A future of empowered consumers and in-control publishers is fast approaching, and if you don’t join the conversation now, you risk getting left behind for good…
The key changes you need to know about
iOS14: Apple’s latest iOS update not only prompts users to allow or reject third-party apps tracking them across the interview, but also permits users to share their approximate, rather than precise, location with apps – thereby reducing the amount of data collected and preserving user privacy.
Cookie Deprecation: Announced last January, Google’s death warrant for third-party cookies, supports their overarching (Privacy Sandbox) initiative to develop a set of open standards to fundamentally enhance privacy on the web. From 2022 onwards Chrome will render third party cookies obsolete, and, as the current ‘workhorse of the independent ad tech ecosystem’, advertisers are having to re-adjust and rethink parts of their targeting and measurement.
Government Legislation: Over the last several years we’ve seen a wave of new privacy regulations as governments strive for data compliance and user protection. Including, but not limited to The General Data Protection Regulation (GDPR), The California Consumer Privacy Act (CCPA) and The Protection of Personal Information Act (POPI) all of which require users to be opted-in, rather than opted-out, of direct marketing.
The Impact on Data-Driven Marketing
1: Loss of Conversion Data in reporting: With ad platforms currently relying on third-party cookies for a large proportion of their ad tracking, valuable conversion data and tracking capabilities will be lost when third party cookies are rendered obsolete – reducing overall tracking and performance visibility. Unable to access data from third-party sites, advertisers will struggle to measure some conversion points which will have a knock-on effect for many attribution methods.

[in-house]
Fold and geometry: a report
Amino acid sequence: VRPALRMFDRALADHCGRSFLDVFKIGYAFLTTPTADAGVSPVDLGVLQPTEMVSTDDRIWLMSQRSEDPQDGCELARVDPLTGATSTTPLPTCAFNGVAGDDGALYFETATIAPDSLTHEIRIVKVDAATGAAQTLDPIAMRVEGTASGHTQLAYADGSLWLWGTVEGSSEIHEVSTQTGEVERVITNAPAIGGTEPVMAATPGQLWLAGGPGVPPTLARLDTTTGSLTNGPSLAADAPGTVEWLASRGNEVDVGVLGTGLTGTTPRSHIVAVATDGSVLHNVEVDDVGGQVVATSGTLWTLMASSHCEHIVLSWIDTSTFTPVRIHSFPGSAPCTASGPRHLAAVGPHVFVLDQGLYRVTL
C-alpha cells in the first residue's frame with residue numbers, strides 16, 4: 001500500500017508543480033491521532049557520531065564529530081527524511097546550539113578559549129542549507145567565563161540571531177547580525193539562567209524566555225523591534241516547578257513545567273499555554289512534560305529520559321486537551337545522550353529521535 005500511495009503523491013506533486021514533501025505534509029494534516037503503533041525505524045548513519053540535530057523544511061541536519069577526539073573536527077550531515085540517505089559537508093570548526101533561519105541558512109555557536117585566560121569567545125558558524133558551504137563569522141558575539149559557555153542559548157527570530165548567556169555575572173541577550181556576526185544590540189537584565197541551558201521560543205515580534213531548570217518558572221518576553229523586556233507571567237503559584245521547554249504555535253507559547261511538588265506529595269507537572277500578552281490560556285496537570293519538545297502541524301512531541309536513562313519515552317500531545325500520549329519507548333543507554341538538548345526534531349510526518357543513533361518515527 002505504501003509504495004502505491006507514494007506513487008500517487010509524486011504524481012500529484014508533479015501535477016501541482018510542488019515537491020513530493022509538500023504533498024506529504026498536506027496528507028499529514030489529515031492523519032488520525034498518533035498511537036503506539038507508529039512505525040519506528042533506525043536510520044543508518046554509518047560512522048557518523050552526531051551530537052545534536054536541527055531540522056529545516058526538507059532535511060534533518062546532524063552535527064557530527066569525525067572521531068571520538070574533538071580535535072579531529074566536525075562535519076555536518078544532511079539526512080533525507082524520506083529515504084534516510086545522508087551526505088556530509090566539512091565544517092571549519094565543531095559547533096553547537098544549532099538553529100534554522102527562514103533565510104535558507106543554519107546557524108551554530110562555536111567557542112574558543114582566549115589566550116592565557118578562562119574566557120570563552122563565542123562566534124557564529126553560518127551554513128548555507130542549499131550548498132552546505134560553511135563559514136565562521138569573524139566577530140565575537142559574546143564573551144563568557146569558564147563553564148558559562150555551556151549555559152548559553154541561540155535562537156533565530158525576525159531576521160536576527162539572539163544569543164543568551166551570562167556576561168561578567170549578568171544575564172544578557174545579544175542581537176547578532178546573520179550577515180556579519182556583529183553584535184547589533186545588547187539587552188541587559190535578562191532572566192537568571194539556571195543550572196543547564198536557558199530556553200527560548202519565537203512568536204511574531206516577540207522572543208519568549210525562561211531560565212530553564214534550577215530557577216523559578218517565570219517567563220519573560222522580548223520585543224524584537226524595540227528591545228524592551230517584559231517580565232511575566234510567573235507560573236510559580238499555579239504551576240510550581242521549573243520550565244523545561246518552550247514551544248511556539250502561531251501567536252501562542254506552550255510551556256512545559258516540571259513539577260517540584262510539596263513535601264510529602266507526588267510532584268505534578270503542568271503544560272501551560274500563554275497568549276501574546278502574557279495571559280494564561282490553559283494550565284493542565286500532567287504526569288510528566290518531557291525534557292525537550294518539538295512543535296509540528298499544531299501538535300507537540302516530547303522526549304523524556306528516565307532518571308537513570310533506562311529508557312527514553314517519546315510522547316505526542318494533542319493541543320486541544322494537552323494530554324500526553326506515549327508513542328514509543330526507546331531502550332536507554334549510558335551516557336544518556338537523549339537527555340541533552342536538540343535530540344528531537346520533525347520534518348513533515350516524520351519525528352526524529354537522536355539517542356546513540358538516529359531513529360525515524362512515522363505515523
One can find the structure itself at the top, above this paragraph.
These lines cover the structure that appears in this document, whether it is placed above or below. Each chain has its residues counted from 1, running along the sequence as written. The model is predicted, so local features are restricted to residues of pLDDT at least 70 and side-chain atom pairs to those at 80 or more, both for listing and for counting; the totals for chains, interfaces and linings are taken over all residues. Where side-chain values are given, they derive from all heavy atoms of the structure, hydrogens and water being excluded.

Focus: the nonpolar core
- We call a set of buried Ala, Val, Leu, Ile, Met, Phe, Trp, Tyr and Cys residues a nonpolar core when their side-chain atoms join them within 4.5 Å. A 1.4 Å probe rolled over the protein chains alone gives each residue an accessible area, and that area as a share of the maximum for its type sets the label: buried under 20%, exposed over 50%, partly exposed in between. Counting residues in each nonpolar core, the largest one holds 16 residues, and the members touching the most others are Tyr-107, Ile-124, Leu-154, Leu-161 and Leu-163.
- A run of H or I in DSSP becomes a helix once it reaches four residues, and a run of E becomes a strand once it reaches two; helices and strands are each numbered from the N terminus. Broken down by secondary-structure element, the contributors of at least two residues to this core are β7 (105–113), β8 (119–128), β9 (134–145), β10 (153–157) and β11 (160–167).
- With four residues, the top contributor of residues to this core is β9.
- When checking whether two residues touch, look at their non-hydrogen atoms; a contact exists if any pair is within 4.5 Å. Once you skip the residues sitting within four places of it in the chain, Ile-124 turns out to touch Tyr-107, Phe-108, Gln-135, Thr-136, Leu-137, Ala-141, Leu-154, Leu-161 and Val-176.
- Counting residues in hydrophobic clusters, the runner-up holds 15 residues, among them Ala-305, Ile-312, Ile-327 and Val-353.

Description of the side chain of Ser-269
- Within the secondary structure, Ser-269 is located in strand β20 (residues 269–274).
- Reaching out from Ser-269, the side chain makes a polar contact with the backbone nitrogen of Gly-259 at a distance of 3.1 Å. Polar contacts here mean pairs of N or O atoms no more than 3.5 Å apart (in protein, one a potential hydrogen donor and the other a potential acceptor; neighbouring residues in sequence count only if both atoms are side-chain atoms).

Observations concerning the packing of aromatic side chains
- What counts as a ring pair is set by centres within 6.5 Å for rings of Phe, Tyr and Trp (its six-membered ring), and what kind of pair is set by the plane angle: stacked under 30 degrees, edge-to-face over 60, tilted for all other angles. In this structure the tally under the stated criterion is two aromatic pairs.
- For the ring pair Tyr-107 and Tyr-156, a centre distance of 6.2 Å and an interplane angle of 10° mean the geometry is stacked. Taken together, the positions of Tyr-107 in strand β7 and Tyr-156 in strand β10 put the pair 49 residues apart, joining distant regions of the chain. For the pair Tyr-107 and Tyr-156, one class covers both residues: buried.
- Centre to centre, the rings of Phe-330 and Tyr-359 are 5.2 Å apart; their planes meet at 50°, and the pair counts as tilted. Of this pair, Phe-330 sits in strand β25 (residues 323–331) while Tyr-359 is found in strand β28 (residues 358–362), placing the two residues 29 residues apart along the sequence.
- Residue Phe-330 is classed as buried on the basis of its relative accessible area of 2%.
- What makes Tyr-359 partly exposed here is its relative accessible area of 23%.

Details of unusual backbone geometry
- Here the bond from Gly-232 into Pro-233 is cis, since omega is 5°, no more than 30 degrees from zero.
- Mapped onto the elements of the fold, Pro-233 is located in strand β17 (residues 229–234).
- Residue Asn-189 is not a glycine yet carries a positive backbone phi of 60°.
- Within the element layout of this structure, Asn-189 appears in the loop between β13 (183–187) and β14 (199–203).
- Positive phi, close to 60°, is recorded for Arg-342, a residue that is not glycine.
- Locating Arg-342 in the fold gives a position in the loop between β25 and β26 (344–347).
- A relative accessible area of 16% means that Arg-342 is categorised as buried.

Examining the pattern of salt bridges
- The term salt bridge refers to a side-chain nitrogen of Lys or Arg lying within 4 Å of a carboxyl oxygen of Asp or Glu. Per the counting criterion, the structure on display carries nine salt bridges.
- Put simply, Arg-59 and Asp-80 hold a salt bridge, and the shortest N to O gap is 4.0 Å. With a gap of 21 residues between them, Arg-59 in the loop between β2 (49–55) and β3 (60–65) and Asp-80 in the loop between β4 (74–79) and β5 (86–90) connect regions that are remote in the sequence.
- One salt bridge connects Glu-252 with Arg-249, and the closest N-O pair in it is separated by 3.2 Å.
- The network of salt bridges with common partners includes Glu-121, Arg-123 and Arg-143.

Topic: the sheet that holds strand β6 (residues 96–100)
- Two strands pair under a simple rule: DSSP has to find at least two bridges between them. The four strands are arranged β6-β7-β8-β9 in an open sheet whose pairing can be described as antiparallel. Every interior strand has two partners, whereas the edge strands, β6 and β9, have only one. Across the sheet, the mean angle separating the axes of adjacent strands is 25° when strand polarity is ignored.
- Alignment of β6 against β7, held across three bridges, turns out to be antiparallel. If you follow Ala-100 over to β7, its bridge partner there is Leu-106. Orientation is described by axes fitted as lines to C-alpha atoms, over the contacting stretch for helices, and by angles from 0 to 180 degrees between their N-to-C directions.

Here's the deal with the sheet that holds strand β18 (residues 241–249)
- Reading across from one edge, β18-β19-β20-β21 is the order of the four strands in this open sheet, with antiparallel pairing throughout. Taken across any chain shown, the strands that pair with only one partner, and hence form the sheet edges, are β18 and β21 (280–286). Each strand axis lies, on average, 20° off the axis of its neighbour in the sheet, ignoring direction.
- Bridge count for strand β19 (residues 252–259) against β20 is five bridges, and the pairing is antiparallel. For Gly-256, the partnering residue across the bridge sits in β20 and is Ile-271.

2: Smaller audience data-sets than were previously available: The loss of third-party data will leave advertisers and businesses more reliant on their first party data, and as they’ll be unable to enhance their first party data with third party data they may see a reduction in the level of understanding they have of their audience’s behavioural traits.
3: Less control over frequency capping: Accompanying these changes in privacy regulations, and the loss of third-party cookies, is a decrease in ad frequency visibility. Advertisers will have less control over their frequency capping – unable to control the number of times an ad is served to the same individual.
We Need to Talk About Privacy…
There is no ‘one size fits all’, quick win when it comes to privacy – between shifting consumer attitudes, market demand and new legislations, the industry is changing, and advertisers need to adapt and react to prepare for the inevitable.
Keeping up with shifting demands and data guidelines is crucial, and with searches for “online privacy” growing by more than 50% year over year (YOY) globally in 2020 – privacy is more important now than ever before. Worldwide, consumers are taking action to protect their privacy and the industry is shifting to support this demand.
(emarketer, January 26, 2021)
Reduced visibility, and working with less data is fast becoming the norm, and with the inevitable deprecation of the third-party cookie fast approaching advertisers should be embracing the future. There’s no denying that the changes in privacy regulations have caused a ripple effect throughout the industry, yet with all this change comes opportunity, and now is the time to rebuild your data strategy from the ground-up, ensuring a strengthened base that increases marketing effectiveness and rebuilds consumer confidence and trust. It goes without saying that businesses who are able to effectively future-proof their data strategy now, will hold a significant advantage over those who fail to adapt.
To learn more about the privacy landscape, and how you can future-proof your approach to digital marketing, join us on the 22nd of July for our upcoming event “Privacy – Cutting Through The Noise, what you need to know, and how to respond” and learn how to tackle privacy heads-on.